But my favorite was the Mango Chicken and not just because I ordered it. When I think of South East Asian flavors combinations of sweet, savory, salty and spicy come to mind. The Mango Chicken was made up of all of these elements. The chicken strips were packed with mango flavor and had a unique texture. They were juicy on the inside and had a soft coating on the outside. It seemed like they were lightly breaded and then simmered in the incredible mango and coconut milk sauce. The mango, coconut milk sauce had notes of lime, ginger, cinnamon, coriander and cumin to name a few and was both tangy and sweet.
              When I took a bite, at first, my mouth puckered but then the fattiness of the coconut milk hit my palate and brought a wealth of hidden flavors with it.

              I enjoyed my first time eating Burmese food in NYC at Café Mingala. I definitely recommend it. It would be a good place for a group of friends, family night or a date.

              1. re: AishaFoodista

                OK, this is surprising to me. Mingala was a restaurant in the East Village. About 20 years ago, it used to be a pretty good neighborhood Burmese restaurant. Then, I believe over 15 years ago, the chef was replaced by someone who made what tasted like lousy Chinese takeout food, and I stopped going. I respect your report, but I'd want to know whether the management or/and chef in this new location is different and better than the bad chef at the former East Village location before considering a visit to the new location.

                1. re: Pan

                  I ate there last spring and found it to be decent, pretty much like the east village location when I used to go, which was in the early 90s. It wouldn't be a destination place for me, but if I was in the neighborhood I could have a decent meal there. The people who run it are very nice. I have no idea if they are or are not related to the late east village mingala. def didn't taste like lousy chinese takeout food, tho.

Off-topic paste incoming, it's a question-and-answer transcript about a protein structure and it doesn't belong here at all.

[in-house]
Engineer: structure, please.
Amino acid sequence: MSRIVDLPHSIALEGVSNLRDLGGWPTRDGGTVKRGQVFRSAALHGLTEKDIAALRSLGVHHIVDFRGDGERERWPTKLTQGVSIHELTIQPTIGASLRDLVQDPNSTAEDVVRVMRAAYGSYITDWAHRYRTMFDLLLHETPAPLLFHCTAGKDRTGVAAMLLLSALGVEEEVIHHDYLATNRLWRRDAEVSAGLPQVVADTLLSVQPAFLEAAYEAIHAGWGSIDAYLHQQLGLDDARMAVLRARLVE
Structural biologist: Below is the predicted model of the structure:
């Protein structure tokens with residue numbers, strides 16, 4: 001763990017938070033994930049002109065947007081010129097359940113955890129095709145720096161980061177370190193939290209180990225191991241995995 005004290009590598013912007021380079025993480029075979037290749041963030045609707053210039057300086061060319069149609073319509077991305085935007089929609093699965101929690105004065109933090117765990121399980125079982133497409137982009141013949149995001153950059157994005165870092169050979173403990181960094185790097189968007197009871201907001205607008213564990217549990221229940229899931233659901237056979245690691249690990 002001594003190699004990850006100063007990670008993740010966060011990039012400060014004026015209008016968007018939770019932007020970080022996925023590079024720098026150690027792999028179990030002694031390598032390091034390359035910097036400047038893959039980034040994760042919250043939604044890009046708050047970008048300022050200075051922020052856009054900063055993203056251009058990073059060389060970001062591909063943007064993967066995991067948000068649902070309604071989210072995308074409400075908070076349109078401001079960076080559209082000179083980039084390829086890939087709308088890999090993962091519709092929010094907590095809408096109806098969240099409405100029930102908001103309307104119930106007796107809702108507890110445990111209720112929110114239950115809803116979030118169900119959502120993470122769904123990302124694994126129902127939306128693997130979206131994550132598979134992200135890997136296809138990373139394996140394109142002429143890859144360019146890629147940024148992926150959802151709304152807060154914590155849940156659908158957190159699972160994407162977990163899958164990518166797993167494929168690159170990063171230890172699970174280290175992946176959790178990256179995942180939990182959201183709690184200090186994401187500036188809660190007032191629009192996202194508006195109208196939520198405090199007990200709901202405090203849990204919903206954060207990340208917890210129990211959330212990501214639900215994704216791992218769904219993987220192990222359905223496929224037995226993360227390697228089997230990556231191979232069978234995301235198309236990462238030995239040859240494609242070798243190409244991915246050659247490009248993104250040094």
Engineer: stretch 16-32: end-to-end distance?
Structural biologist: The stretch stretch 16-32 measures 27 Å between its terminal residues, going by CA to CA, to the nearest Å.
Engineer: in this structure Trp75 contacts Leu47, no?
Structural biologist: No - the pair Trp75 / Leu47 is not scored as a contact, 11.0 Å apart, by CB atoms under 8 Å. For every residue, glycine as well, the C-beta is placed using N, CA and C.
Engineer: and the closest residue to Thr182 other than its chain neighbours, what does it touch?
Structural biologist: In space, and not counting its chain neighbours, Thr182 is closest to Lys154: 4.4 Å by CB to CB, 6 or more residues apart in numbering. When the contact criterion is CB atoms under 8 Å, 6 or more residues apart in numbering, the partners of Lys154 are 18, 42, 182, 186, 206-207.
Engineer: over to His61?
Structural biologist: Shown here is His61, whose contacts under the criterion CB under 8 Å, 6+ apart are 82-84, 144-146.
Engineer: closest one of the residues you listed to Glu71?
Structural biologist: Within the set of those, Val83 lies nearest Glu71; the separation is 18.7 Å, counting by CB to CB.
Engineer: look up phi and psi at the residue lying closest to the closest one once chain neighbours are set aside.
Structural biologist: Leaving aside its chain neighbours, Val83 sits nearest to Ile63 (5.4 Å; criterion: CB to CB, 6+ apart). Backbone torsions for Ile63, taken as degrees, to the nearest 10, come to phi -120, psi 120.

1. re: Pan

                    I've had some of the vegetarian dishes from the lunch special. It's not bad, filling and cheap. But I wouldn't go out of my way to eat there.

                    I have very fond memories of the EV Mingala, particularly the thousand-layer something-or-other with "tasty vatana peas." I don't think the two are related, although I don't know for sure.

            2. I haven't been to either of the Mingalas for years because I found the food heavy and unexceptional. The owner's sister, Irene Wong, had the first and best Malaysian restaurant in NY, Road to Mandalay (on Broome street) some years ago. She went on to high-end catering. Her restaurant may have been exceptional because she was a creative, exceptional cook, not because it was "authentic."

              http://petercherches.blogspot.com

              1 Reply
              1. re: Peter Cherches

                I meant to say that Irene Wong had the first and best Burmese restaurant, not Malaysian.

              2. Mrs. GG and I have been taking out from Mingala on east 7th for 20 years. I highly recommend the Rangoon Night Market Noodles which are like lo mein with tons of duck and scallions. Grab a couple of McSorley darks next door while you wait. An order of noodles feeds two for $8.

                3 Replies
                1. re: guttergourmet

                  Hi GG , do not know when you were last at Mingala,l was there for lunch today.
                  Soup while hot, was totally flavorless and the rangoon noodles were lukewarm with virtually nothing but warm noodles, needed much chili oil to even eat 1/2 of dish. quantity was huge though

                  1. re: Delucacheesemonger

                    Usually the Rangoon Night Market Noodles has tons of minced duck meat.

                    1. re: guttergourmet

                      Not blaming you for the difference, only reporting the change. Person had lunch with, as a neighborhood place for her, said was radically different and that perhaps l was a ' kiss of death' for restaurants